Geography and Global Studies
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Makes one large trifle (Serves at least 8) Your day was hard. Maybe you have a party coming up. Or you are out of ice cream. Perhaps your favorite DVD got scratched. Or your 20 lb cat left a 1lb hairball on your favorite sweater.
I have to say, although I actually like the style of music that plays over top here, it just doesn't fit. A few days ago when a friend of mine linked to this video on Facebook, I took a minute and swapped in the first song that came to mind that *did* fit (a bit of a snide choice, even, since the same artist often does glitchier, more electronic music) and it confirmed for me that the music selection here was sub-optimal. 11/20/11 12:13am <p style="text-align:right;color:#A8A8A8"></p>
To understand the complexities of the international food market--and how traders in Chicago can cause Africans to starve--you could get a ph.D. in economics, or read a 400-page report from the World Bank. Or you watch this superb nine minute video, directed by Denis van Waerebeke . Though ostensibly created for a science show in Paris for 12 year olds, it's actually probably waaaay over a kid's head. Just watch--it's excellent, and very well illustrated: The video begins with a basic question: How is it that the first world has an oversupply of food, while 1 in 7 in the world go malnourished?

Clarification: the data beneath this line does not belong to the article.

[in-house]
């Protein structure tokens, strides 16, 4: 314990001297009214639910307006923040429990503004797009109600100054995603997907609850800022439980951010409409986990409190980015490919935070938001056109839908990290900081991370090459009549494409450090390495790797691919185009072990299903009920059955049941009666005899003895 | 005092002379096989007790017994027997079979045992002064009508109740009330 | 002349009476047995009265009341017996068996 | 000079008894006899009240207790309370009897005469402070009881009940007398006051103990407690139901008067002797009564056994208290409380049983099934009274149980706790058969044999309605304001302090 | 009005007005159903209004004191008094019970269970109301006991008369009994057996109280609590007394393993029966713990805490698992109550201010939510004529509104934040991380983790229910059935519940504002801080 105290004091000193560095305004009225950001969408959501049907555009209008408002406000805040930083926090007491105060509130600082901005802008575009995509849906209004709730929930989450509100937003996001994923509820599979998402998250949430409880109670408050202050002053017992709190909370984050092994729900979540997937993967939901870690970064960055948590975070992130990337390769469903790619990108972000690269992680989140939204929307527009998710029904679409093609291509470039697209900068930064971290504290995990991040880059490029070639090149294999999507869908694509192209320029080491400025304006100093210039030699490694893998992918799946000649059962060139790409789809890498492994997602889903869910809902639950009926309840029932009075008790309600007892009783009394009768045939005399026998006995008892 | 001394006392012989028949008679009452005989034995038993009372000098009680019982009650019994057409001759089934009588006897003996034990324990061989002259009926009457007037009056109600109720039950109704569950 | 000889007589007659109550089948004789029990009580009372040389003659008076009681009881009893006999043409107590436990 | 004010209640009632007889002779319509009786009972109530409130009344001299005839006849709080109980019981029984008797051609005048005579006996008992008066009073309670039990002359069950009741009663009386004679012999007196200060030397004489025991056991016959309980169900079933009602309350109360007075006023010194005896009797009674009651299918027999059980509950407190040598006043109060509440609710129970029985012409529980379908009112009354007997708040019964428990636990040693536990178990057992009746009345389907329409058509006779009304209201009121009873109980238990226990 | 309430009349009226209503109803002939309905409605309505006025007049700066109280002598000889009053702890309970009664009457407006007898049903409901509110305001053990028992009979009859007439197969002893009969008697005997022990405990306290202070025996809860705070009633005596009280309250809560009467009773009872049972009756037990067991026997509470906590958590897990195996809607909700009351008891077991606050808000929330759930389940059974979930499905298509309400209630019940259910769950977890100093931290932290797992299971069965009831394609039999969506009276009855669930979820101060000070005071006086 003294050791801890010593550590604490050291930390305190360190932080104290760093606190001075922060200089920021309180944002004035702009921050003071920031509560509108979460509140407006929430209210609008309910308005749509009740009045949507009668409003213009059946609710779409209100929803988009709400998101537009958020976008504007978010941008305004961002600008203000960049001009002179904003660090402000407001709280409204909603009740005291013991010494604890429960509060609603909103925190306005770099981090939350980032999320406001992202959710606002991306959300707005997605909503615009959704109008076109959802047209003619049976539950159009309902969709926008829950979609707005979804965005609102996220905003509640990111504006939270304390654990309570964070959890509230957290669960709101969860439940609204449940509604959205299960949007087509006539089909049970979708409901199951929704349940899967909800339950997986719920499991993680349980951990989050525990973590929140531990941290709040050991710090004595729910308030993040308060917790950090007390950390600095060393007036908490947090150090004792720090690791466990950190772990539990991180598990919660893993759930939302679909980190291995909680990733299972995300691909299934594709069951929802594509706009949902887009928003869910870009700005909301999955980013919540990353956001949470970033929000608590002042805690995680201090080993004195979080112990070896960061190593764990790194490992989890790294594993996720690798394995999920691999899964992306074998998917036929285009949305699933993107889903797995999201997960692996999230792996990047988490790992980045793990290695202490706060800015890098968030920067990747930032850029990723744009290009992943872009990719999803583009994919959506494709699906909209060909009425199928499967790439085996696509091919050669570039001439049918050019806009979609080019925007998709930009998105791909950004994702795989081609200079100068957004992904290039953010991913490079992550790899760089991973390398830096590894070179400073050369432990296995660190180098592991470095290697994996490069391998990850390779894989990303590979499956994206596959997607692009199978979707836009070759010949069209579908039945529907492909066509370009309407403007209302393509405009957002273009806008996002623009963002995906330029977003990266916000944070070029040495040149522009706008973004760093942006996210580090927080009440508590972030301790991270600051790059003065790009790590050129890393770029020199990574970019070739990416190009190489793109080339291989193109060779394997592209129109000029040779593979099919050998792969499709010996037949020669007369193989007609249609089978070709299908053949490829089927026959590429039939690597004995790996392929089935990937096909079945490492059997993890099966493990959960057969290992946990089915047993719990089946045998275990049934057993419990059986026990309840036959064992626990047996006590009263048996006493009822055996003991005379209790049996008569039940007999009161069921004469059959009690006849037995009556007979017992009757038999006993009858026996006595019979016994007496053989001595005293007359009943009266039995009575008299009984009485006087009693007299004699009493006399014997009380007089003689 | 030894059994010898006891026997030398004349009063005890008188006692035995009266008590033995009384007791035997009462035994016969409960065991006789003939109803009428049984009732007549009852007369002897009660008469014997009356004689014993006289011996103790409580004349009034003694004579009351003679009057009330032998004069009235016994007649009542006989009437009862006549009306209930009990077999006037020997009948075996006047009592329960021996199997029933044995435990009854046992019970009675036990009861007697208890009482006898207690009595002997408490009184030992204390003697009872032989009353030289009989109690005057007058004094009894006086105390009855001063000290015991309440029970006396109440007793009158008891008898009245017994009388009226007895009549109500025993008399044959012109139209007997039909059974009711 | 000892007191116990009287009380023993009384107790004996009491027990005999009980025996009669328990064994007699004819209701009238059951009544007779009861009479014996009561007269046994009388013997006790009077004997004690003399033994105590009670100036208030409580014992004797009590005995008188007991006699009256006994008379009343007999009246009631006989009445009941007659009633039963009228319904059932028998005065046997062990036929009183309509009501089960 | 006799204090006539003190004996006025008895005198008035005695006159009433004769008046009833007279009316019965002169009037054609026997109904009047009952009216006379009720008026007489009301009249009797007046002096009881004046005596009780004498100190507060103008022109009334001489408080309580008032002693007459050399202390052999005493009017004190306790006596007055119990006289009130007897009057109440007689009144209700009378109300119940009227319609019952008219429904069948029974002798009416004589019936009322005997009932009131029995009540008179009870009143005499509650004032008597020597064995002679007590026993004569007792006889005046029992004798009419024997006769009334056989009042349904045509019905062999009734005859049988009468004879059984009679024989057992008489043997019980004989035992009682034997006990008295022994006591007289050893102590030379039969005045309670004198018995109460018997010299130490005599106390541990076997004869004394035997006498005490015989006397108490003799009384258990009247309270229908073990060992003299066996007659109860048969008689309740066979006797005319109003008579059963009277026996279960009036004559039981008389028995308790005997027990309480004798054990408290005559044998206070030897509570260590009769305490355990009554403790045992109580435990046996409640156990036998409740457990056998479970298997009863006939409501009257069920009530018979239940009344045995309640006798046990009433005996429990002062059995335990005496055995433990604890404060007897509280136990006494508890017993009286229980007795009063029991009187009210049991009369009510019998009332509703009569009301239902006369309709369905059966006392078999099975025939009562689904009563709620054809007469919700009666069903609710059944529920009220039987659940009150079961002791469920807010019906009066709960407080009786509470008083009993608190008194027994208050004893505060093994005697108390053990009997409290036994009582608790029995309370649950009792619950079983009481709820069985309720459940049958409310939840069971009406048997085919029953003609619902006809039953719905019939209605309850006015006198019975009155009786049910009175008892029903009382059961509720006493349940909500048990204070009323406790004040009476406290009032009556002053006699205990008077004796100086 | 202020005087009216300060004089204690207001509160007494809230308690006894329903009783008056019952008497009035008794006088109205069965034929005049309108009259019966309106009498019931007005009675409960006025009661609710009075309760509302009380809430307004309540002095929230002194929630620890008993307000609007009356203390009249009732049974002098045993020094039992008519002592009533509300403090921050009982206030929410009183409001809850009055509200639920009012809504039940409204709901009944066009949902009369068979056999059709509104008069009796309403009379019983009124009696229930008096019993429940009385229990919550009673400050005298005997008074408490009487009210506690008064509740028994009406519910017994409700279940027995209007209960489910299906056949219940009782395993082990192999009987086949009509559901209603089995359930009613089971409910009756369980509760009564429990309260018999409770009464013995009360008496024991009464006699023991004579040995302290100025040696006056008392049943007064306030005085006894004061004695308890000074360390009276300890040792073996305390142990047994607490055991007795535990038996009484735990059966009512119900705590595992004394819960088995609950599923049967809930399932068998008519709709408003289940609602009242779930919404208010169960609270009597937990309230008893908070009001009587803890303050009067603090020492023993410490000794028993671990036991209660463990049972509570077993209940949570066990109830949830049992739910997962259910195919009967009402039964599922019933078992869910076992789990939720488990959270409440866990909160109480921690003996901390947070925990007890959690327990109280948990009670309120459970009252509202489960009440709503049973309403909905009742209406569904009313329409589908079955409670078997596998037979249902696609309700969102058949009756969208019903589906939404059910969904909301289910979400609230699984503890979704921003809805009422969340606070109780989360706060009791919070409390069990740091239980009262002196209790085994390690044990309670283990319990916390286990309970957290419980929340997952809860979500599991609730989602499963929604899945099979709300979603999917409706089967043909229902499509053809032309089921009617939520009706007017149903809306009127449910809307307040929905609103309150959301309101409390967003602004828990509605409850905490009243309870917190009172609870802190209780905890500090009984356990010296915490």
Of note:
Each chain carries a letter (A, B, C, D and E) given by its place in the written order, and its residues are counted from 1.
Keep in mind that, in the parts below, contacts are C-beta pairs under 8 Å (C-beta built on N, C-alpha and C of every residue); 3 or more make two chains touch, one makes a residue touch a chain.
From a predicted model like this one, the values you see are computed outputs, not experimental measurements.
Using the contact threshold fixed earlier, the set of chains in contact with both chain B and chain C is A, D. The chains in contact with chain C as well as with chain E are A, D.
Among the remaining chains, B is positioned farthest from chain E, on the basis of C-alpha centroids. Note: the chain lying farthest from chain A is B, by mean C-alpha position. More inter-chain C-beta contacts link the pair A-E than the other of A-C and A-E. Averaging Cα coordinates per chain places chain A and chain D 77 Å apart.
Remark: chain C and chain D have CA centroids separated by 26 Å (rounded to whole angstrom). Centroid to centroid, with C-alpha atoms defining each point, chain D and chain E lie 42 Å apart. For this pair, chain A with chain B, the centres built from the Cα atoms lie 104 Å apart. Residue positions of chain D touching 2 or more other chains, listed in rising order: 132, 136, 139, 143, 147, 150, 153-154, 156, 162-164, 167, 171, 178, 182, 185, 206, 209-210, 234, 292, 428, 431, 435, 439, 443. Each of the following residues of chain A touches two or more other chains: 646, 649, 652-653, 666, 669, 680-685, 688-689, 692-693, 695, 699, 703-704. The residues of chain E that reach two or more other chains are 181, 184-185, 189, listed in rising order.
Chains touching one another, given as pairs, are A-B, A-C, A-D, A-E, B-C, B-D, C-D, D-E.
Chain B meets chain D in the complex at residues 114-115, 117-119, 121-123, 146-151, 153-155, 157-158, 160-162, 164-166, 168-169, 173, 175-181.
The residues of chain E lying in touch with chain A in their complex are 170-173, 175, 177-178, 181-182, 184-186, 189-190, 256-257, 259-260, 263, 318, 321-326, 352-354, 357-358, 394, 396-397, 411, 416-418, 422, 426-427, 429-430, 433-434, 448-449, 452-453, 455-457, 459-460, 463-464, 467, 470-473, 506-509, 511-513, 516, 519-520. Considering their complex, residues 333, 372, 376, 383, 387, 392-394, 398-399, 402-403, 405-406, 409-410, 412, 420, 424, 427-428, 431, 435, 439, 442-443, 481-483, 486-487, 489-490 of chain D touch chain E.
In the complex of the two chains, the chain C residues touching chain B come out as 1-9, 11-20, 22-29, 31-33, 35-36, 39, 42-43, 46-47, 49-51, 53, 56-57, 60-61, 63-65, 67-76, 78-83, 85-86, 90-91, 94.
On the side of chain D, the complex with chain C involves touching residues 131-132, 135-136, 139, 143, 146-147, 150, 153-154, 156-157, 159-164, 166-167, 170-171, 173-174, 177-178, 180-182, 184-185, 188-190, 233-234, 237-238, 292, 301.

In an increasingly globalized world, it’s still sometimes shocking to see just how disparate our lives are compared with other human beings around the world. A book of photographs by Peter Menzel called "Hungry Planet: What the World Eats" ("©Peter Menzel www.menzelphoto.com . Ten Speed Press, published in 2005) makes a relevant point with great irony: at a time when hundreds of millions of people don't have enough to eat, hundreds of millions more are eating too much and are overweight or obese. In observing what six billion eat for dinner the authors note, "Today, more people are overweight than underweight."